What happens when assemble university scientist... Read More
What happens when assemble university scientists, crop advisors and farmers in one room for a day to talk about field trials they all had a hand in implementing? A lot of joint learning, sharing and insights!
Through a unique partnership, the Environmental Defense Fund and 20 independent crop consultants - many of them members of Brookside Labs, Inc - paired up to conduct on-farm field trials for EDF’s NutrientStar program (www.nutrientstar.org). NutrientStar’s chief objective is to collect data on leading fertilizer management tool performance in the field and share that data with other farmers and advisors. The group involved in conducting those field trials came together in a meeting in Moline, Illinois in late February to discuss results from trials of in-season nitrogen management models, the value of imagery and sensors, new products to test in 2018 and how to get more of the data NutrientStar produces in front of more farmers and advisors.
These advisors and their client farmers who contribute fields and time to the effort not only grow crops, they also produce data that can be used throughout the Corn Belt to help other farmers and advisors understand how they might expect a particular fertilizer management tool to perform in their fields. The tools are tested under real world conditions with all the variables of weather, moisture, tillage, equipment and hybrid present. In 2015 and 2016 these consultants carried out over 100 nitrogen rate trials in their fields, generating data that was used to calculate nitrogen use efficiency achieved by the Adapt N and Climate Fieldview Pro nitrogen management tool.
The group talked about their experiences with the models and as expected, some were positive and some were negative. Frank Moore of Cresco, Iowa reported that Adapt N saved him a lot of money on fertilizer in 2013, while Clint Nester of Bryan, Ohio (and others) reported not seeing much return on that investment.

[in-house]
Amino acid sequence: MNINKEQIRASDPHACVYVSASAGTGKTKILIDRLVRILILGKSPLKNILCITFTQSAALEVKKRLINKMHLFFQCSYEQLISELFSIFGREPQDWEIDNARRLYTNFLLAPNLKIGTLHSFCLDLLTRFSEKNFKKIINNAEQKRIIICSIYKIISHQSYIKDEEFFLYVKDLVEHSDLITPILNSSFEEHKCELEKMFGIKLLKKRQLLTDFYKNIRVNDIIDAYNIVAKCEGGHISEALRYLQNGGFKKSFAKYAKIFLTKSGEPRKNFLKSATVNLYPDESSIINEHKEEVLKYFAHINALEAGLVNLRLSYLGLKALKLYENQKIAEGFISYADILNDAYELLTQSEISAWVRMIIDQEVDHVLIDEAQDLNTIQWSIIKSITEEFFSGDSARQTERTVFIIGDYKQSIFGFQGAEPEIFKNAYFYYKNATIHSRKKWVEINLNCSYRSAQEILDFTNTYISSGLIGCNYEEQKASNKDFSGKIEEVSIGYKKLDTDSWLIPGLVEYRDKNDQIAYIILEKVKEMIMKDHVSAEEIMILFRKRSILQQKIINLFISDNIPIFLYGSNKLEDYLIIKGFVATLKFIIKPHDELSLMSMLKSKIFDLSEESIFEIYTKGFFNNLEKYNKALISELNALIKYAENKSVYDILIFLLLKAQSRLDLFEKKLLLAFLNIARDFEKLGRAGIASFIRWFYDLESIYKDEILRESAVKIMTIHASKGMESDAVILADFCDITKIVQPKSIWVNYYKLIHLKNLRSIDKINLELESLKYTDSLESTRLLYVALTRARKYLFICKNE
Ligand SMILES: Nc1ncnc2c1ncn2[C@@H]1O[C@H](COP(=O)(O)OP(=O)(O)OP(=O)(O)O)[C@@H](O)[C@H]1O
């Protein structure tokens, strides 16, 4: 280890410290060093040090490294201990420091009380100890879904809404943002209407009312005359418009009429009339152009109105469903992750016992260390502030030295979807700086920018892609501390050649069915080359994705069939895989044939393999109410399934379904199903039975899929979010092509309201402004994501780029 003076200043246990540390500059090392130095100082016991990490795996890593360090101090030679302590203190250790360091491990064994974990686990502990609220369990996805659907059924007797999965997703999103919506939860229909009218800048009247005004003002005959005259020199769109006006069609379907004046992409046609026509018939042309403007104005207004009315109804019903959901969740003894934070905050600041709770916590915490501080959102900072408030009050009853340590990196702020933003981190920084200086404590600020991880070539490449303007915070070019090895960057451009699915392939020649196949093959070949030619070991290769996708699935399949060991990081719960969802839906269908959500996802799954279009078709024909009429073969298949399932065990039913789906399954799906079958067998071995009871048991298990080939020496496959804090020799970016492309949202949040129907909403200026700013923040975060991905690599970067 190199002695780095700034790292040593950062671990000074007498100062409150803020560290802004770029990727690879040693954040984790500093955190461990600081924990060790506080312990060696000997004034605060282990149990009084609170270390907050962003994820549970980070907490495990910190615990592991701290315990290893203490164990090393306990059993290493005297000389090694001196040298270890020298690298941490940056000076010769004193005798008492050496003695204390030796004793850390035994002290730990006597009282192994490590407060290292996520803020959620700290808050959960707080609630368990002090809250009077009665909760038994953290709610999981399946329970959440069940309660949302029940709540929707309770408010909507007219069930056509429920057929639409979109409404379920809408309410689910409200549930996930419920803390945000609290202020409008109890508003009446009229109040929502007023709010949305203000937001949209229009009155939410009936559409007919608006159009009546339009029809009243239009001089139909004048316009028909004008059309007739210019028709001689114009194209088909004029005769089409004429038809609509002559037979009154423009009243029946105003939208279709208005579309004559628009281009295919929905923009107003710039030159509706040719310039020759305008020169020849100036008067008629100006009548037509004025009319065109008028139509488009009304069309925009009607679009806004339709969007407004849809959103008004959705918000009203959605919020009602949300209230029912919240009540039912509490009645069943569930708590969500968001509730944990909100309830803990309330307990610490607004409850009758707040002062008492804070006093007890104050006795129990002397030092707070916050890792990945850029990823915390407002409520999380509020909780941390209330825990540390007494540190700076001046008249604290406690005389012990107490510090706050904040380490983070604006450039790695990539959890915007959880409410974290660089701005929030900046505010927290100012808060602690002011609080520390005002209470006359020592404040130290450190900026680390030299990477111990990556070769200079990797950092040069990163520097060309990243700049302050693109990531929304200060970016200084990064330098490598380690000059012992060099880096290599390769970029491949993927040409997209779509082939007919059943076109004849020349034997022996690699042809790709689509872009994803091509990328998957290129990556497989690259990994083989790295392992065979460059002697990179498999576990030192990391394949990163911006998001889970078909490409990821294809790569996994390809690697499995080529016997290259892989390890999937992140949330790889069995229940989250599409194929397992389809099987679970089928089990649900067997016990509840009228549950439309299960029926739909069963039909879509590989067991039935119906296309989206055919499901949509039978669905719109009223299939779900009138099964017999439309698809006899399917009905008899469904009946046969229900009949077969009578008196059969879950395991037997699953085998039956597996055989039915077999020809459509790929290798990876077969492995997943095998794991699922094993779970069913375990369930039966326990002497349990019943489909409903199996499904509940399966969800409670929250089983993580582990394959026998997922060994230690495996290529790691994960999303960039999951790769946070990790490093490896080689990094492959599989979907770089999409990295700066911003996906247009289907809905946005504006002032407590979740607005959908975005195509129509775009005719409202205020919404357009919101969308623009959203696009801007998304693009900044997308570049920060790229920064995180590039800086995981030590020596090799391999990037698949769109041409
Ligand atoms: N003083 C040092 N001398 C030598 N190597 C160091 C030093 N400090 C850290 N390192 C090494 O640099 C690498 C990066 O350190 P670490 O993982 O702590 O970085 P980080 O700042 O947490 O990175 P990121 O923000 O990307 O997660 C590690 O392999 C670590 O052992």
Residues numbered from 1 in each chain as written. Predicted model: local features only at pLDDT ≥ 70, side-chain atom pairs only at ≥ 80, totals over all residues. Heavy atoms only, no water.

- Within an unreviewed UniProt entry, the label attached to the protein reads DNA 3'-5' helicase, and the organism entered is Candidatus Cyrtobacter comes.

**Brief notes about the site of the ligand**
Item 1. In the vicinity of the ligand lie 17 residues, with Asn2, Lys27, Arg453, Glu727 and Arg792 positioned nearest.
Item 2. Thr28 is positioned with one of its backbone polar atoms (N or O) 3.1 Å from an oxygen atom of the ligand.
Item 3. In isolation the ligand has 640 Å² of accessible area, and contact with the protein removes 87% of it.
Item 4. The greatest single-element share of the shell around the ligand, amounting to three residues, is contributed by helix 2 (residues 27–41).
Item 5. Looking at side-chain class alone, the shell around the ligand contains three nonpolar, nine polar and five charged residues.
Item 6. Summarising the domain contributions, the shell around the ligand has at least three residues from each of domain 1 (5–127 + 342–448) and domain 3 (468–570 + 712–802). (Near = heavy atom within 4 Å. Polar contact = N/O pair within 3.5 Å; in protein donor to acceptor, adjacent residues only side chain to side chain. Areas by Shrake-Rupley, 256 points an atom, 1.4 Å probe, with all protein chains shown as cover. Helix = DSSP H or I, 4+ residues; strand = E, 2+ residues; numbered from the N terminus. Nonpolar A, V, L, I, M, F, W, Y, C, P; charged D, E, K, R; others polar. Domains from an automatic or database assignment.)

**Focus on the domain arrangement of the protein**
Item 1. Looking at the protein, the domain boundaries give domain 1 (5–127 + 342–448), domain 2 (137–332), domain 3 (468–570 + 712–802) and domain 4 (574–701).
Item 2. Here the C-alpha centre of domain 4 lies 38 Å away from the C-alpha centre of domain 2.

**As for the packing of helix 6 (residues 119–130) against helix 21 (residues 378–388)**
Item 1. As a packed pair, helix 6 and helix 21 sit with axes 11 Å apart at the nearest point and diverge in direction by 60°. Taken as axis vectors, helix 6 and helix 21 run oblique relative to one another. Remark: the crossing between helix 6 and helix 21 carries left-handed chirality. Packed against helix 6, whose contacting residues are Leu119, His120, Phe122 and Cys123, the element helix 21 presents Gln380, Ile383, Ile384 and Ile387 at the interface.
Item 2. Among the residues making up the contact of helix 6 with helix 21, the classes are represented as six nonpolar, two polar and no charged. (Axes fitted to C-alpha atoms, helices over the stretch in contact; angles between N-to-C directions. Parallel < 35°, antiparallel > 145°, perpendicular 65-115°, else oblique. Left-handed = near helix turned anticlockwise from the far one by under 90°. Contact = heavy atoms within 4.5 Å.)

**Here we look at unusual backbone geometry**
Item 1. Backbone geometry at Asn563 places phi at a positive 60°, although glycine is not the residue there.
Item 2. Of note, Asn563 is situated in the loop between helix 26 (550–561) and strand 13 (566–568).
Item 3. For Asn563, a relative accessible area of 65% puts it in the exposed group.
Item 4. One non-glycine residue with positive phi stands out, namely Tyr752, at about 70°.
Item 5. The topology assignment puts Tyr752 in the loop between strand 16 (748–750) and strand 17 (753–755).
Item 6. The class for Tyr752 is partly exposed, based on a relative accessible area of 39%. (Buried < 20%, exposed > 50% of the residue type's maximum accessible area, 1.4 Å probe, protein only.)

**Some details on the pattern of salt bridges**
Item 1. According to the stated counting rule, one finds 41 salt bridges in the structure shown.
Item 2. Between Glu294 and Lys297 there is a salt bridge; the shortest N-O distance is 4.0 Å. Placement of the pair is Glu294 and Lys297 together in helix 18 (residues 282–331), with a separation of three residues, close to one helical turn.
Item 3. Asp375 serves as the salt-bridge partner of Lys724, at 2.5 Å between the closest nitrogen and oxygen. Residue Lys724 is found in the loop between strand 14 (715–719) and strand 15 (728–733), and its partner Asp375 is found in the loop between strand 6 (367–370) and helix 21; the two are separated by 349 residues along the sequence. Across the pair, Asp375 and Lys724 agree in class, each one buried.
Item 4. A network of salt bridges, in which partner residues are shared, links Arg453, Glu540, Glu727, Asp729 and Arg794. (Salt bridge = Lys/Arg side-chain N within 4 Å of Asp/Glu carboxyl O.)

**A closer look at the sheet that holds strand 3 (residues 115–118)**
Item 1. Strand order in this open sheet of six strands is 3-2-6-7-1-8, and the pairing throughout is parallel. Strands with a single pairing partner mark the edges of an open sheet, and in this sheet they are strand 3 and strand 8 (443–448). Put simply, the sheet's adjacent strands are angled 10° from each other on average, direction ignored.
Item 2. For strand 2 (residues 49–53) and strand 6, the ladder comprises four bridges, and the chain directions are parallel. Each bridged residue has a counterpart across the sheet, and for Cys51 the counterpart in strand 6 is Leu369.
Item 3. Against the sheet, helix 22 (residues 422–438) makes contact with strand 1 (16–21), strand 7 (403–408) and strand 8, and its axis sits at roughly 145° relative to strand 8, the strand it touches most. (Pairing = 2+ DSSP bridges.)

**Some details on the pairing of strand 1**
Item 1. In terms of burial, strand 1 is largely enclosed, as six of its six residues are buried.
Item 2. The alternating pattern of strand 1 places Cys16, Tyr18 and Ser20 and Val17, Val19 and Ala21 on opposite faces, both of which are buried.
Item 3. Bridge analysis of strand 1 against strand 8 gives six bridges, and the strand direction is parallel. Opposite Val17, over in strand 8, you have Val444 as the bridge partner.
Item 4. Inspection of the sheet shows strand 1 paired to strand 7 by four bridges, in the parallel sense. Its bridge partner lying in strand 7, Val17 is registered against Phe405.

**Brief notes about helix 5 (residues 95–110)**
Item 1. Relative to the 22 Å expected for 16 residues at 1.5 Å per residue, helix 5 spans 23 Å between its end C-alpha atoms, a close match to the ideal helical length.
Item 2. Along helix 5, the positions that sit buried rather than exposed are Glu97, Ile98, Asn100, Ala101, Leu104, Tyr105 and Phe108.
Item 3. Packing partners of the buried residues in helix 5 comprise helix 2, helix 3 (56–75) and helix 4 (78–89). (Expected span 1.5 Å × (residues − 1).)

In the bigger picture of trying to convey the difficulties of fertilizer management in the face of public concern about water quality, a “credible source” to back up the consultant’s opinion can also be a useful tool. There was general agreement that the models are very sensitive to such inputs as yield goal and further calibration and updates will make them more effective over time. The group agreed that there is no stand-in for a consultant’s expertise in “knowing that field” and providing the interpretation behind the results. As more data is shared, the hope is that more farmers and advisors will become increasingly comfortable turning to data for answers to the question “Will it work on my farm?”
The group talked about a new geographic framework for placing and interpreting results from field trials called the Technology Extrapolation Domain framework. The “TEDs”, as they are known, combine weather and soils data to generate regions of the Corn Belt where, all other things equal, fertilizer management tools might be expected to perform similarly. What this means in practice is that a field trial conducted in Iowa may have relevance in Ohio where water holding capacity (derived from soil type/texture) and climate (derived from variables like growing degree days and aridity) match up. There was some skepticism about the accuracy of the SSURGO database (which is used to generate the soils data behind the framework) but there was a growing interest among the group in how to use the framework to characterize unfamiliar fields or new areas where they may have an interest in working with a client farmer. There was a suggestion to promote the tool more within the research community, and another suggestion to change the name of the framework from TED to something more relevant to a farmer or advisor.
Other suggestions included developing a way to compare tools and products, sharing more information about strengths and weaknesses based on other characteristics, compiling seasonal weather data to enhance performance information, and including a comment section for each of the products or tools on the website for users to provide reviews.
The NutrientStar administrative team and field trial team are working hard to bring more data to farmers and advisors that can be used as another tool in the toolbox of fertilizer management and provide another chapter in our story of sustainability. We welcome your questions, suggestions and feedback on the program!